Ever try to convince, cajole, or explain to a person living with dementia why they should do what you want them to do and have them refuse? Why not use a hook?
Alzheimer's Reading Room
The "hook". What is it?
In this case I am using the word hook to mean -
a communication strategy designed to catch a persons' attention.
The word hook is often used in branding, advertising, and marketing. How do you get a person to buy something, or buy into something?
Learn More - How to Listen to an Alzheimer's Patient
The hook is one of the most important and most powerful communication tools in Alzheimer's and dementia care.
- What is it that will get your loved one to cooperate?
- To do what you want them to do?
- To get up and start moving in the right direction?
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With Dotty, I had three primary hooks that I used to get her to cooperate and/or to do what needed to be done.
Example Number 1.
When I wanted Dotty to take a shower I would often use the words "let's go out" as the hook. Let's go out and either get something that Dotty liked (food) or do something that Dotty like to do (like go look at kids or pets).
I would go over to her, smile, and stick my hand out. I would wait for her to take my hand and start getting up. She would always ask, where are we going? Please note in this example - I did not beg, cajole, or demand that Dotty get up and take a shower.
Once we were in motion I would say, "you know what we should take a shower and go out". She would then ask, "where are we going?" I would then say something like - lets go get a coffee and some french fries at McDs. Or, something of that nature. She would almost always say okay.
Please notice we did not discuss the shower. I just led her to the mountain so to speak and she took her shower. Over time of course I had to assist her in this endeavor.
Example Number 2.
During the day I might want Dotty to take a pee. For years we actually fought over this. Let me make this simple. If I did not get Dotty into the bathroom every 90 minutes to take a pee, she would pee all over herself - or worse.
Once I learned that this is what I needed to do every day as part of our routine I also learned a number of techniques that helped me accomplish this mission.
As in the previous example I did the following. I would go over to Dotty, smile, and stick my hand out. I would wait for her to take my hand and start getting up. She would always ask, where are we going? Please note in this example - I did not beg, cajole, or demand that Dotty get up and take a pee.
While the goal of this endeavor was to get Dotty to take a pee, the hook and the catalyst were the potato chips. A nice smile, and open hand also helped.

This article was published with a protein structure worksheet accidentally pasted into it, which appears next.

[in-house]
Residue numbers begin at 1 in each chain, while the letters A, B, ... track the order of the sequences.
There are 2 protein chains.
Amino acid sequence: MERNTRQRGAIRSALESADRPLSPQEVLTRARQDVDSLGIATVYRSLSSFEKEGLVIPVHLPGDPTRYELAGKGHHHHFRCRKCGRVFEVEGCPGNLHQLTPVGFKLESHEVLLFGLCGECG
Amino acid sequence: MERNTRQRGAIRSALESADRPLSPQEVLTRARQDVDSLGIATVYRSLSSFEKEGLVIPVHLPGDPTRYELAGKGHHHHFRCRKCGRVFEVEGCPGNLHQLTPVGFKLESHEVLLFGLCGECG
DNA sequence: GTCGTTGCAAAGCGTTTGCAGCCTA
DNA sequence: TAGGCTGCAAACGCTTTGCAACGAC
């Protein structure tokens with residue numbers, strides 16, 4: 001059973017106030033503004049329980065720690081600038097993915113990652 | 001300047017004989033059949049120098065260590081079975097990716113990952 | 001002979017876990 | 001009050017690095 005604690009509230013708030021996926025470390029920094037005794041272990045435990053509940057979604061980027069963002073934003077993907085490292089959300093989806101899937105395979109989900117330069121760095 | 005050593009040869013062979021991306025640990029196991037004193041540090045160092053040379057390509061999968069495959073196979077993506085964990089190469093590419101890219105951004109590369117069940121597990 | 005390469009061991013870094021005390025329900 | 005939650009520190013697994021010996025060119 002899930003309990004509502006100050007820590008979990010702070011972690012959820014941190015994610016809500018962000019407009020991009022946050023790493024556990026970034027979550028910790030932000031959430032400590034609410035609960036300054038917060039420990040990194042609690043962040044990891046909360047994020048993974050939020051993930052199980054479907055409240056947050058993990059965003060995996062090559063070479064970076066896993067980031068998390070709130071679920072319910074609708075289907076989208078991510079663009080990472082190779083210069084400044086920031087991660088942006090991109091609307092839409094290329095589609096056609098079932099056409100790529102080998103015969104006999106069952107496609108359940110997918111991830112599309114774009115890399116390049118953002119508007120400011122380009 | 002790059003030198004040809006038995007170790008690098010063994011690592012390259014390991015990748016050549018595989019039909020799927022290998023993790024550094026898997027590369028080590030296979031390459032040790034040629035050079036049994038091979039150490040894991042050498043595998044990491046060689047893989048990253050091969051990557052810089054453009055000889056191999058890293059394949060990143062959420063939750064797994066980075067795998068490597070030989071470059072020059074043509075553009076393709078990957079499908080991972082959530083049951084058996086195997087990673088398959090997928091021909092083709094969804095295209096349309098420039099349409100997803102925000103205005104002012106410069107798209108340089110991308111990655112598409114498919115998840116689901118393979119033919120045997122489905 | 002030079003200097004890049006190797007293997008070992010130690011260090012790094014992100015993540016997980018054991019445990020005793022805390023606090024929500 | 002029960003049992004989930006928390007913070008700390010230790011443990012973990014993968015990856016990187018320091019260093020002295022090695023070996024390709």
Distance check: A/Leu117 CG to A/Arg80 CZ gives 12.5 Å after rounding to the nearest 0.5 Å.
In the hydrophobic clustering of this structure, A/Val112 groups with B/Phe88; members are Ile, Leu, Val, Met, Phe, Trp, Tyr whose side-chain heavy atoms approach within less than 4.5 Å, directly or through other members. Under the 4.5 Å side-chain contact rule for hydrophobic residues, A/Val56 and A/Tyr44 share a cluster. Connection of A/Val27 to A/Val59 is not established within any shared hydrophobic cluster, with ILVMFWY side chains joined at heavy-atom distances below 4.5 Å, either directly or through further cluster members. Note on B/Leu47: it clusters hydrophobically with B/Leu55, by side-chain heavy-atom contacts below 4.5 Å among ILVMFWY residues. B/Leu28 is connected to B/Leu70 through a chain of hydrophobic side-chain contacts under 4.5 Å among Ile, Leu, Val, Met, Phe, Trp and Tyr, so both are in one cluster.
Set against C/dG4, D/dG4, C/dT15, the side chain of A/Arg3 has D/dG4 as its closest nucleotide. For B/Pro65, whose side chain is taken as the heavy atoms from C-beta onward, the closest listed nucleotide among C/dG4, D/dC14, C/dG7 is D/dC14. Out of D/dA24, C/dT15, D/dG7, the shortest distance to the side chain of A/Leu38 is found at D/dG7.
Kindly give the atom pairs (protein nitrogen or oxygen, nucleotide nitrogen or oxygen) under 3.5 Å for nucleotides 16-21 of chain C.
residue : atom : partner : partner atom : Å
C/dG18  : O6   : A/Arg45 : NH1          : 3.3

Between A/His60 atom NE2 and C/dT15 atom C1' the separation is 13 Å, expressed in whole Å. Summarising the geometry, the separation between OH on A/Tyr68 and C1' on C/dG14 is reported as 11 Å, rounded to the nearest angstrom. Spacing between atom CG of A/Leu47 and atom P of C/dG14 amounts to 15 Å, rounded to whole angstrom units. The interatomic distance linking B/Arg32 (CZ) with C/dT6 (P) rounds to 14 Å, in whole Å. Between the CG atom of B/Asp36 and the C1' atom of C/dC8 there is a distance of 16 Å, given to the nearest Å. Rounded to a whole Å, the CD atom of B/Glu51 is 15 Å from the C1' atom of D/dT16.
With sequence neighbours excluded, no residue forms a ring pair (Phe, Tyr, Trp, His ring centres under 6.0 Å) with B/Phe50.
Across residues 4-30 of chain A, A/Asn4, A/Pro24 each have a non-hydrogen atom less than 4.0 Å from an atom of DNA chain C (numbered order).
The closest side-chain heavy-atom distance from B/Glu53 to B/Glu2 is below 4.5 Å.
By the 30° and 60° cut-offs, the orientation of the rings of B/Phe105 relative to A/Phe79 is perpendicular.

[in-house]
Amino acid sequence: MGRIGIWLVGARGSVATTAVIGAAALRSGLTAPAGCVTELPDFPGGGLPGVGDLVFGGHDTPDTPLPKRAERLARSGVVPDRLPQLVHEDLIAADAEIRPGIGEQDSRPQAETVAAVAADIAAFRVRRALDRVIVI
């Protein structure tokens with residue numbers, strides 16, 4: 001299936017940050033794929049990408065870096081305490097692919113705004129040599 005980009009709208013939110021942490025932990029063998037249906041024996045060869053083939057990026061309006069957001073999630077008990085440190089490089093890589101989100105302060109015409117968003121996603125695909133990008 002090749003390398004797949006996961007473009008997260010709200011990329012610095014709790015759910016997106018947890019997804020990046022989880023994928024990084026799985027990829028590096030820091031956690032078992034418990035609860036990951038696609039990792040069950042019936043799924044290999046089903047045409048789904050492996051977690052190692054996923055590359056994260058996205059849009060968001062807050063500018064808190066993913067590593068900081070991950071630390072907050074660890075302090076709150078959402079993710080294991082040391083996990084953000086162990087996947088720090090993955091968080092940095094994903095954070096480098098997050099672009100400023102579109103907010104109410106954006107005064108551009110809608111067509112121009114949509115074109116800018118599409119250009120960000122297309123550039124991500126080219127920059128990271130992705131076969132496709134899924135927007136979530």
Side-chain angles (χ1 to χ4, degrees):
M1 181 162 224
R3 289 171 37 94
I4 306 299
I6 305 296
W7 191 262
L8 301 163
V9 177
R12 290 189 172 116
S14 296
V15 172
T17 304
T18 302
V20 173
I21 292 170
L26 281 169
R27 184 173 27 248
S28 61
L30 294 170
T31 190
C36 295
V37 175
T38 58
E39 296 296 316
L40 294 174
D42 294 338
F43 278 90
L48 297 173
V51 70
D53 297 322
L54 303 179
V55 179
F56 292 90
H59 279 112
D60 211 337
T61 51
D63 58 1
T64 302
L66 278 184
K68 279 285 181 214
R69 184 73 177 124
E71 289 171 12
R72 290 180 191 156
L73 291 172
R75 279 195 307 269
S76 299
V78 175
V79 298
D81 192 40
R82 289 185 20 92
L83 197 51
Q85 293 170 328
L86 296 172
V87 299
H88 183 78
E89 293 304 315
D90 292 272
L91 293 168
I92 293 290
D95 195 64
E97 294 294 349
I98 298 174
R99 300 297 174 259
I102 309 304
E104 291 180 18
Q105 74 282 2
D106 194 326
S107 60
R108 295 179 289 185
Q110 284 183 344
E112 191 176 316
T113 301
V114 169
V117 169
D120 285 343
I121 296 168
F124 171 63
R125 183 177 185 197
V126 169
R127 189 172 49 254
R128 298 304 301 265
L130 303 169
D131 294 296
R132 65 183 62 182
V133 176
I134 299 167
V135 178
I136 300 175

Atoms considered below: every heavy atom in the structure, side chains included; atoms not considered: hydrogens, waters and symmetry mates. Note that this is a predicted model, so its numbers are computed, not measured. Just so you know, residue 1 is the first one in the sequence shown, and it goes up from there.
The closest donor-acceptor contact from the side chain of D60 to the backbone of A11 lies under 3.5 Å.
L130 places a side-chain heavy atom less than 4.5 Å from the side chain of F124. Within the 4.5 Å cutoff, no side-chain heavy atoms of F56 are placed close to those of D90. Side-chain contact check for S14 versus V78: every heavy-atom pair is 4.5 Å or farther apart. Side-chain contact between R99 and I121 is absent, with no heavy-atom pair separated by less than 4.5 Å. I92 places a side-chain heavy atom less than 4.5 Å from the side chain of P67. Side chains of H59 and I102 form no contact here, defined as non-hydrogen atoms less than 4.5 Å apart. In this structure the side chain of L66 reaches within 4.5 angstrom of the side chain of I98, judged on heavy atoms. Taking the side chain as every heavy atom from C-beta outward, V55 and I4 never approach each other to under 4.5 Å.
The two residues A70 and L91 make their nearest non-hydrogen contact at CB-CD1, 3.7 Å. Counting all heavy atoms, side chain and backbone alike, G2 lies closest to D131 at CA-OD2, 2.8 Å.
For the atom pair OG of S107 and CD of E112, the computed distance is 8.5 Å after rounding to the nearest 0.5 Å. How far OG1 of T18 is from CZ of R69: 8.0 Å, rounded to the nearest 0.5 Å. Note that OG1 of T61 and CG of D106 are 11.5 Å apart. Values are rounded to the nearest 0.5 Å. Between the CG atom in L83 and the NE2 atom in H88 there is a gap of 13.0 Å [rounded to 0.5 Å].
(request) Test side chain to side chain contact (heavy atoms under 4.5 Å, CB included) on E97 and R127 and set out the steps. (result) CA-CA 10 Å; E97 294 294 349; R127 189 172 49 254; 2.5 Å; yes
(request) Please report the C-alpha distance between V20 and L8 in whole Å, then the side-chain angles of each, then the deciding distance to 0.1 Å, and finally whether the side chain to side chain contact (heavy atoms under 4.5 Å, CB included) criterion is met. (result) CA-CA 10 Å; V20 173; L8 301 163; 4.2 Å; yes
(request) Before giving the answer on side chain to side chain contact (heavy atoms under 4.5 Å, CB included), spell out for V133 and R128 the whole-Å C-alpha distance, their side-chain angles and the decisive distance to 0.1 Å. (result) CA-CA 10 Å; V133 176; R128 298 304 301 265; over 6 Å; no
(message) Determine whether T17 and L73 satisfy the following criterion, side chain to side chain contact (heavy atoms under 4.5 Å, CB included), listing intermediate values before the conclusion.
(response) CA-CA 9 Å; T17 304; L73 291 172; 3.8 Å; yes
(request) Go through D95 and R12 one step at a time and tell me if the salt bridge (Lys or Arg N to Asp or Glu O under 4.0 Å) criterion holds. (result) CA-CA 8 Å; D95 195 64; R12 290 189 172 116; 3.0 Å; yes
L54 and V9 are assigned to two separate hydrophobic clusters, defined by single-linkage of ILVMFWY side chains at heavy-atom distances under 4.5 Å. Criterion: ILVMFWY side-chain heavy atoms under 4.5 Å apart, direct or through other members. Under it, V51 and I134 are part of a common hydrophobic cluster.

Example Number 3.
Dotty would often start getting in a bad mood around 9 o'clock at night. She would get this look on her face that told me she was going to get mean, negative and maybe even nasty.
In the first year or so, Dotty would actually get up around 9 o'clock at night and tell me she needed to clean our home. And then, she would start trying to clean. Needless to say, no matter what I did, or what I said, could deter. And most often we would end up in an argument that hurt both my heart and stomach.
I finally stumbled onto ice cream as the solution to this problem. At 9 or so, I would go over to Dotty, smile, and stick my hand out. I would wait for her to take my hand and start getting up. She would always ask, where are we going? Once we were moving in the right direction I would announce - "let's have some ice cream".
This was almost always met with great enthusiasm and the words, "oh boy, I haven't had any ice cream in a long time". A long time of course was the night before. We had this conversation or a similar version on most nights for about 7 years.
One thing I do know from talking to other caregivers - the majority of persons living with dementia love ice cream or sweets.
Does you loved one living with dementia crave ice cream?
The point I am trying to make here is simple and straight forward. Instead of trying convince, cajole, or explain to a person living with dementia why they should do what you want them to do - use a hook.
So instead of a whole bunch of words leading to frustration - simple guide them with the use of a smile, your hand, and whatever
works best for you.
Do any of you have an example of a "hook" that you are using that might be helpful and useful to others?
Learn More from These Topics Pages
How to Embrace Reality in Dementia Care
Alzheimer's Care, Don't Argue
Dementia Care Tips
6 Reasons Why You Might Have to Put Someone with Dementia in a Memory Care Facility or Nursing Home
What is the Difference Between Alzheimer’s and Dementia
Test Your Memory for Alzheimer's and Dementia (5 Best Tests)
Communicating in Alzheimer's World
Bob DeMarco is the Founder of the Alzheimer's Reading Room (ARR). Bob is a recognized expert, writer, speaker, and influencer in the Alzheimer's and Dementia Community worldwide.
Original content the Alzheimer's Reading Room - 3 Examples of How to Use the Hook In Alzheimer's Care and Dementia Care
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